Daughter says...


Sorry about publishing this twice! Ignore this one :)



User avatar
84 Reviews


Points: 8814
Reviews: 84

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Sat Jul 06, 2019 5:22 pm
Daughter wrote a review...



Hello, there! I'm here to leave you a review!

This piece was touching and extremely descriptive. It flowed quite nicely with excessive detail and was pleasing to the eye. It captured the true essence of a peaceful transition into death; though saddening, I found it to be an enjoyable read.

There are a few techincal issues I'd like to cover, however, so let's start with those.

1. You were missing quite a few commas in places where they should have been. I'll provide a few examples here:

My crystal blue eyes were wide awake [missing comma] studying the minute details of your face.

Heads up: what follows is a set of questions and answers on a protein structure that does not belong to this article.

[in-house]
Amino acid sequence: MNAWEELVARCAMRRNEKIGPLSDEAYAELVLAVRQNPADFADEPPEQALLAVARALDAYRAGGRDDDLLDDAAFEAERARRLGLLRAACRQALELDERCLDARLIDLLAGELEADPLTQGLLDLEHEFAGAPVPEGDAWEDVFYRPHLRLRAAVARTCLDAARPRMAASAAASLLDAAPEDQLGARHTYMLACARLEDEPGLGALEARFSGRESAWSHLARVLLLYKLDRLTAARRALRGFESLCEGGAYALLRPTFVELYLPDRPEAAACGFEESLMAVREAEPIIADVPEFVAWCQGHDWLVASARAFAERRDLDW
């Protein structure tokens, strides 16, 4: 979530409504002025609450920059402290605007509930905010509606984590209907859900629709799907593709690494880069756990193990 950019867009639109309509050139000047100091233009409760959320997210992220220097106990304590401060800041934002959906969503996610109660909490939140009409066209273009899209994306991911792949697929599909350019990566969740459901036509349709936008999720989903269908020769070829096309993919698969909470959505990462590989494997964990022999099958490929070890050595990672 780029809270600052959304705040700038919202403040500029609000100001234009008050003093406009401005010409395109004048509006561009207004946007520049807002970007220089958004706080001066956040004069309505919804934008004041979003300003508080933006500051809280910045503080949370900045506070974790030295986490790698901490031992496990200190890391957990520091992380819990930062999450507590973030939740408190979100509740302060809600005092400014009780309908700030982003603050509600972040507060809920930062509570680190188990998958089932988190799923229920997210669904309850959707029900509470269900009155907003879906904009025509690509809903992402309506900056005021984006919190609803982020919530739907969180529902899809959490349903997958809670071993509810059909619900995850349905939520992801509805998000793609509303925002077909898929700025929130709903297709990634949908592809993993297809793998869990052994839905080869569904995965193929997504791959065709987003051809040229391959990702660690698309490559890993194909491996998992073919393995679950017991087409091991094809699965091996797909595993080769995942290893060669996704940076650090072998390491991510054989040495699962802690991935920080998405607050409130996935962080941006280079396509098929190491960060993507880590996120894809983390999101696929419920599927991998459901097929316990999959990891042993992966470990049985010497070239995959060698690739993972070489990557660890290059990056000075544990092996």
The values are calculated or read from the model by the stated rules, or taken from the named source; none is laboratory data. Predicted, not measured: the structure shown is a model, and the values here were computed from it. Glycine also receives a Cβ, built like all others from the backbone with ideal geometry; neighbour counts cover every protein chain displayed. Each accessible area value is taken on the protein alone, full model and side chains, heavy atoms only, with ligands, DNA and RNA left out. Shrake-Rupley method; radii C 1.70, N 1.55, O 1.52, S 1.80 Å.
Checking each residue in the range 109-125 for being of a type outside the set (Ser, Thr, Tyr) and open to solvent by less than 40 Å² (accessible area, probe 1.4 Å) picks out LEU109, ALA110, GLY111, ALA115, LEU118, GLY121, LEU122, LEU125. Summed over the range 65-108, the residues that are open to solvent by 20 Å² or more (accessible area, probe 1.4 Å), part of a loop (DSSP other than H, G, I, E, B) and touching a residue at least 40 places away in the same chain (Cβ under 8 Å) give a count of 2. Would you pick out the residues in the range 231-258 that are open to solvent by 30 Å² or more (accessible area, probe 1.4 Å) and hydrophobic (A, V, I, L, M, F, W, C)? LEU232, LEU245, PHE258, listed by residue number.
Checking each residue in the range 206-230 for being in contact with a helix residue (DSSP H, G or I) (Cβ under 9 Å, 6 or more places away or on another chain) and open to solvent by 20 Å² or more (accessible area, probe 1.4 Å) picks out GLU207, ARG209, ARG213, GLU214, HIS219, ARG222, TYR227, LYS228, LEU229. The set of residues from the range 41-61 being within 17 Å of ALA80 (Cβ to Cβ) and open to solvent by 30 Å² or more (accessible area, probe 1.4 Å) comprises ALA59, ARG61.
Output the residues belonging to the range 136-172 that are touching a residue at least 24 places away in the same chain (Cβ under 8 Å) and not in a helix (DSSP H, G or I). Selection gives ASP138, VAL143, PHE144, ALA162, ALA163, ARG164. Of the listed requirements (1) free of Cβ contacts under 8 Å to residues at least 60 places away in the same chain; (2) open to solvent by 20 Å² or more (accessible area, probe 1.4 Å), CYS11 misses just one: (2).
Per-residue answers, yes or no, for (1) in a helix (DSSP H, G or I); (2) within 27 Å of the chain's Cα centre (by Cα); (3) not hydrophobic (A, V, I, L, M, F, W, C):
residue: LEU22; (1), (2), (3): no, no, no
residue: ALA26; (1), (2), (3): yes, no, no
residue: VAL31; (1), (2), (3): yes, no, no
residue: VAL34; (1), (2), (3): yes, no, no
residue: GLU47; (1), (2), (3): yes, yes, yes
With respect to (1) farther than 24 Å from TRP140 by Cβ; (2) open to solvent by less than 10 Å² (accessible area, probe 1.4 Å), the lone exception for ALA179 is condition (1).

Grey tufts of hair had emerged among the thickset eyebrows raised gently above your emerald eyes [missing comma] which hypnotized me;

Cancer had won its long battle and finally [missing comma] with a tear running down my wrinkled face,


There were also commas in places where they shouldn't have been. They cause your sentences to become a bit choppy and throw off the crucial flow of your piece.
Examples:
Your lips were soft and tasted like the rich golden honey[,] that we would have on oatmeal for breakfast

Our kiss had put me in a trance[,] i was unable to snap myself out of.


2. There were a few errors in terms of mantaining the capitalization. Ocassionally you'd leave a lowercase "i" or replace "I'm" with "i'm". If this was intentional, understood. If not, you may want to check over your work a few times for gramatical errors before you publish it. Some writers chose to ignore capitalization rules (including myself, on occasion) but the key is consistency as to not confuse your readers.

All in all, I enjoyed reading this. It has a gloomy feel, but I truly thought it conveyed the true pain of losing a loved one to cancer well. It really puts across that you've experienced this kind of feeling before, and you do a great job of putting it into words.

I can't wait to see what else you publish! Thank you for sharing.





In three words I can sum up everything I've learned about life: it goes on.
— Robert Frost